BOX 7-5
Advances in Environmental Instrumentation

Resource constraints have resulted in an undersampling of the environment—temporally, spatially, and with regard to chemical speciation. New developments in biotechnology, engineering, nanotechnology, and information technology provide promise for the development of monitoring networks that will overcome some of these deficits (Steinfeld et al. 2001). Advances in instrumentation that could contribute to the enhancement of the AQM system include the following:

  • Advances in solid-state tunable diodes that will enable the translation of powerful optical diagnostic techniques from the research laboratory to the field. Methods that provide capability of real-time measurements and remote sensing are differential absorption LIDAR (DIAL), correlation spectroscopy, and Fourier transform spectroscopy (Steinfeld et al. 2002). These laser diagnostics can be used to monitor fluxes (Shorter et al. 1996), in addition to mapping horizontal and vertical concentration distributions of pollutants (Tittel 1998; NASA 2003).

  • Reduction in the size of diagnostic and data acquisition systems that will permit the use of accurate and fast response instruments on mobile platforms (vehicular or airborne) capable of mapping concentration profiles for model testing and quantifying area sources and for identifying hot spots, leaks, and upset conditions. Miniaturization will also facilitate the development of personal exposure monitors of increased sophistication to monitor vital health-related statistics. Miniaturized near-real-time instruments are already available for many gaseous pollutants and are becoming available for particles through the use of field-deployable desorption gas chromatography and mass spectrometry techniques (Jeon et al., 2001) and aerosol time-of-flight mass spectrometers (Noble and Prather 1996; Bhave et al. 2002; Jayne et al. 2000).

  • The development of distributed networks of microsensors to monitor HAPs and biotoxins may become feasible as a result of recent developments of “laboratory-on-a-chip” technology initially driven by concerns with homeland security (Frye-Mason et al. 2001; Lindner 2001).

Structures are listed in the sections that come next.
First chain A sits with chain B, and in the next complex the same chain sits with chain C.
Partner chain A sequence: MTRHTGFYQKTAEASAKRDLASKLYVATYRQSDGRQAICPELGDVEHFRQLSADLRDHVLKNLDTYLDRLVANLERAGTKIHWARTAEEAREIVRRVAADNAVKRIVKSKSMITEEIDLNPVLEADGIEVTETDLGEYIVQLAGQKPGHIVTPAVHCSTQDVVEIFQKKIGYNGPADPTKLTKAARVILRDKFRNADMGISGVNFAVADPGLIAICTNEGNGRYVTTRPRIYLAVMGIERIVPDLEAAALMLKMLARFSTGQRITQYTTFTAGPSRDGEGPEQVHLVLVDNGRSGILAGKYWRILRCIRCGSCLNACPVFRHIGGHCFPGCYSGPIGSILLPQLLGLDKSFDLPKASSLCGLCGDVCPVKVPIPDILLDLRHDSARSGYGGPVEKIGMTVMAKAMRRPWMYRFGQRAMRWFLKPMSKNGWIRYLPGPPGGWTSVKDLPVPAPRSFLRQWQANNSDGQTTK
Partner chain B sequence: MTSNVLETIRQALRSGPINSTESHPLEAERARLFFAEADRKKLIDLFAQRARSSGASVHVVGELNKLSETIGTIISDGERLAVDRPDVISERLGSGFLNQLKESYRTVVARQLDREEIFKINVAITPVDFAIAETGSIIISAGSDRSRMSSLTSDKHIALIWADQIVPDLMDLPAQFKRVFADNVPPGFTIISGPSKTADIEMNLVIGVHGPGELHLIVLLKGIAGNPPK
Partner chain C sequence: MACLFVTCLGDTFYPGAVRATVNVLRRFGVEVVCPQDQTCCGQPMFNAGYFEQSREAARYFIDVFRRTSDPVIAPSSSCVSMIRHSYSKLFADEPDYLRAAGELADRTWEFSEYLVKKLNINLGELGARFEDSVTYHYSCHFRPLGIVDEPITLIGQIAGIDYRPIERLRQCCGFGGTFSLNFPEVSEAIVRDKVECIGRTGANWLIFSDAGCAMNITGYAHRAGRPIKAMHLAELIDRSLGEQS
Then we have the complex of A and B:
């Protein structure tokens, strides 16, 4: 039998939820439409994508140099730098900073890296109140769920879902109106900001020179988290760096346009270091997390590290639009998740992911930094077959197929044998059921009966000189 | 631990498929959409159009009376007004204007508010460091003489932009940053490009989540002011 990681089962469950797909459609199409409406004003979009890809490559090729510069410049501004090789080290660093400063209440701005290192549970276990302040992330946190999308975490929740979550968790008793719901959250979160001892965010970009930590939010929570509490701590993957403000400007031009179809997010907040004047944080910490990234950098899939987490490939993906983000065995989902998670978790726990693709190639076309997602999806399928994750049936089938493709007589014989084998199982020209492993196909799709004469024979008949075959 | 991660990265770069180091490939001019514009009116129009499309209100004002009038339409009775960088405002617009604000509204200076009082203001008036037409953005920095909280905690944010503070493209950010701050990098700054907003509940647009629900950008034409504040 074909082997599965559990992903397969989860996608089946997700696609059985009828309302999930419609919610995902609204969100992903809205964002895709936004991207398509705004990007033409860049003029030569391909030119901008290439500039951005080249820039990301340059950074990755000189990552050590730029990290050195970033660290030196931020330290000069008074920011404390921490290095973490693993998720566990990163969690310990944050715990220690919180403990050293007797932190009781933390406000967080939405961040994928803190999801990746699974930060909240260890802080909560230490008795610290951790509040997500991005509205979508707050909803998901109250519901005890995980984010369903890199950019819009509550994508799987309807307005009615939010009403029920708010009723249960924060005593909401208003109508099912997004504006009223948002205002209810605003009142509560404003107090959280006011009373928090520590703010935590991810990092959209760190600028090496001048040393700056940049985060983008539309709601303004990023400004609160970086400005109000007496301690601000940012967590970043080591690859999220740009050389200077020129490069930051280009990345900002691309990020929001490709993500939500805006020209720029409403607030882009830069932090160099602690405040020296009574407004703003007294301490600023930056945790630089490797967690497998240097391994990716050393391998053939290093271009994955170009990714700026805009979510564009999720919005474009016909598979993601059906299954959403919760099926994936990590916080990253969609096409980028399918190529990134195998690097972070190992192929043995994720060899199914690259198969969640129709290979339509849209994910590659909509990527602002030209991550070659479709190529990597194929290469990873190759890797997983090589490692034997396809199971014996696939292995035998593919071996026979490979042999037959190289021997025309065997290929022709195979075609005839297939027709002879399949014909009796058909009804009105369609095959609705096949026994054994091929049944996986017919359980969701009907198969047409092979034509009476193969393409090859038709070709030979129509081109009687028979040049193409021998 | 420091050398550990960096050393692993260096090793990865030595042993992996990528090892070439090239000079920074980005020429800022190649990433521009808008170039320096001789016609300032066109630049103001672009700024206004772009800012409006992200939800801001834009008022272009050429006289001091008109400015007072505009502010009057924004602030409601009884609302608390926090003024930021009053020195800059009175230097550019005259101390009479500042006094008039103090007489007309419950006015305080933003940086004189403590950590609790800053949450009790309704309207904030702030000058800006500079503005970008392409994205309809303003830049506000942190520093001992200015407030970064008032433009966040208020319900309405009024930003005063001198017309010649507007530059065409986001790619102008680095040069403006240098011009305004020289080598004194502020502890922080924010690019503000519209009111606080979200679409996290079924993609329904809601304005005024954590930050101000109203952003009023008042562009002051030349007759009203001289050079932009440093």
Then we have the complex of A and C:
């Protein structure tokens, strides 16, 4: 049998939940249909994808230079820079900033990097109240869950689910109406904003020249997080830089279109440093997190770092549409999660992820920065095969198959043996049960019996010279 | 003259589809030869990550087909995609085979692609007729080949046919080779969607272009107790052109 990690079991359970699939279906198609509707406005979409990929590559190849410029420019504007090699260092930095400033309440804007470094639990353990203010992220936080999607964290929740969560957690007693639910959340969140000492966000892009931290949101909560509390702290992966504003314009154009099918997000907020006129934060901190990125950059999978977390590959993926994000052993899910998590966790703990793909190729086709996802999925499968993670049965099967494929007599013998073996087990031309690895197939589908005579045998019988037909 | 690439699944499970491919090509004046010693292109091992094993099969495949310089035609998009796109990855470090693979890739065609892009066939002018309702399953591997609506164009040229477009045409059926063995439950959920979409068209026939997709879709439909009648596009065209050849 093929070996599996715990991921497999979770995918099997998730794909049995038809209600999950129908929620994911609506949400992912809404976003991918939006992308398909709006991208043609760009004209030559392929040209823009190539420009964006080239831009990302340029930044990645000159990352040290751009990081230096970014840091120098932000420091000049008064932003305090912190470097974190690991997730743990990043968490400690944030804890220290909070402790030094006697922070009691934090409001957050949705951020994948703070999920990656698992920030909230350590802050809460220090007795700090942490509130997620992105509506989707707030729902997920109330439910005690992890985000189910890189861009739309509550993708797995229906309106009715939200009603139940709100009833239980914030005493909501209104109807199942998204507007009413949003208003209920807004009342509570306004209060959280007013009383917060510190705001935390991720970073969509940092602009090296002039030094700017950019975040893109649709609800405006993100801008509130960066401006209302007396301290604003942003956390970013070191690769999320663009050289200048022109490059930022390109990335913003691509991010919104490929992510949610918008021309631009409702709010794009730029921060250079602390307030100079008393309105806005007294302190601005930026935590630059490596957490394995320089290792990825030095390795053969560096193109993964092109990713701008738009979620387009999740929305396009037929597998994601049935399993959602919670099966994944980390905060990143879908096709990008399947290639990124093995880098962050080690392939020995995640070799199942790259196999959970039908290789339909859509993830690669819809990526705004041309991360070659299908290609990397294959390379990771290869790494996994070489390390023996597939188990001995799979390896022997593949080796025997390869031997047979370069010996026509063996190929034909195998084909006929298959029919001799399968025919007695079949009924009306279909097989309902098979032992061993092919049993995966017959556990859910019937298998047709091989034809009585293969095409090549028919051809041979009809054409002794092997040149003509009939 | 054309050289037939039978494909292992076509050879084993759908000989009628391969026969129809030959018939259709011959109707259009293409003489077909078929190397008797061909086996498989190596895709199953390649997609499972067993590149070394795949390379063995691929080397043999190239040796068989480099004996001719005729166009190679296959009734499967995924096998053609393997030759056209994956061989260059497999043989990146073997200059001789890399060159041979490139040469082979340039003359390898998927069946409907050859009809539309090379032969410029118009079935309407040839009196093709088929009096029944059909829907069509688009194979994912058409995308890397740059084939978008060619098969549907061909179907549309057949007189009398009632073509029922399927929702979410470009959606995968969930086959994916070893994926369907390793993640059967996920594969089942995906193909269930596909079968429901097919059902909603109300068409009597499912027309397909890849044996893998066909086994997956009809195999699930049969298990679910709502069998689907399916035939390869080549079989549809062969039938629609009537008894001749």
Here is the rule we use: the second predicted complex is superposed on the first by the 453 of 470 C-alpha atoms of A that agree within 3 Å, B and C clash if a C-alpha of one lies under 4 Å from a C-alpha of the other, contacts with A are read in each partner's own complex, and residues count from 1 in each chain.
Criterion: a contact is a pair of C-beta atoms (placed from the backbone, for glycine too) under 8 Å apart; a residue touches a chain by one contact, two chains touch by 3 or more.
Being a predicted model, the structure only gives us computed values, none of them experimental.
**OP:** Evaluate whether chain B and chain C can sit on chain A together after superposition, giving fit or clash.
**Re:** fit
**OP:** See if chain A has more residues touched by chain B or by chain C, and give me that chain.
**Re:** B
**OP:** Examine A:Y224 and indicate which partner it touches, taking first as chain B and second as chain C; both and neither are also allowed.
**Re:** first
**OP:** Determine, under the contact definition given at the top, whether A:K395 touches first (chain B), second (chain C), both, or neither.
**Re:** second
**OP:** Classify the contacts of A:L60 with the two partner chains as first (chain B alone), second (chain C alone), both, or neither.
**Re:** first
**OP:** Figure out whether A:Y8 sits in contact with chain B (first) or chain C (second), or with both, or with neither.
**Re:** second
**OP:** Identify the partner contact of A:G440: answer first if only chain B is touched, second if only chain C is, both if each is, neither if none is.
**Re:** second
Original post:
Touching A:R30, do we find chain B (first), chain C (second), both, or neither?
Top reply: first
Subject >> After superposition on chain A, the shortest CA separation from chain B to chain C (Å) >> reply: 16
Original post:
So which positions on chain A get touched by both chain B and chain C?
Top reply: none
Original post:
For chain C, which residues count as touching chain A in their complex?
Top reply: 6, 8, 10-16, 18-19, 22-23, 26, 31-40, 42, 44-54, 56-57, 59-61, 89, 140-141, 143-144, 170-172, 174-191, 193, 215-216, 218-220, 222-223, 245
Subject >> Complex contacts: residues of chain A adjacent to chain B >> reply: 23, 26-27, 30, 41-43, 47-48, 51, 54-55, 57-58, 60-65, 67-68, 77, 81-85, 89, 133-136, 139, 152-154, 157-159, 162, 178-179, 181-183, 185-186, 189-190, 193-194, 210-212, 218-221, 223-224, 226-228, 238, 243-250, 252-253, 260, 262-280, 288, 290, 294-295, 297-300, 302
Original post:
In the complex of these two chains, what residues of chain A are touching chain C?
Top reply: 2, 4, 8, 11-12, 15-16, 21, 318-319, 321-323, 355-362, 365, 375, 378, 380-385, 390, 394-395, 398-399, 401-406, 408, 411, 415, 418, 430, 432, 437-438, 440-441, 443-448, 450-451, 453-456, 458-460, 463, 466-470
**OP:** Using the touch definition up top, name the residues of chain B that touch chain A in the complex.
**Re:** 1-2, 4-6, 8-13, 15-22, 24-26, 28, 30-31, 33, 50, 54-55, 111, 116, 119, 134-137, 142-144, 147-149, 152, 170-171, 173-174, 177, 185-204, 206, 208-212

• Perhaps the largest potential impact on the current approaches to monitoring will be the development of methods in biotechnology to rapidly screen for impacts of individual chemicals and mixtures. One example of the developments that will be important for the AQM system is that of DNA microarrays that show the potential of differentiating between exposures to different classes of toxicants and different toxicological outcomes (Bartosiewicz et al 2001).

Problems exist in the transitions of these technologies from research tools to commercial products that meet the needs of robustness, ease of use, cost, and equivalence to federal reference methods, problems that have only been partly alleviated by the Environmental Technology Verification Program. Use of instruments or procedures that do not satisfy a rigorous vetting process should be encouraged when valuable new insight is provided. For example, visual plume opacity readings have proved to be of great value, even though they do not provide the mass or composition of any specific pollutant, and cross-road sensors (Stedman et al. 1997; Jiminez et al. 2000) have proved their value in identifying high-emitting vehicles, even though their use for regulatory purposes is problematic. Some of the new methods might be introduced in the AQM system for specialized purposes, such as identifying hot spots, processing upset conditions for stationary sources, identifying breakdown in the emission control for mobile sources, and mapping spatially and temporally concentration distributions for ambient pollutants.

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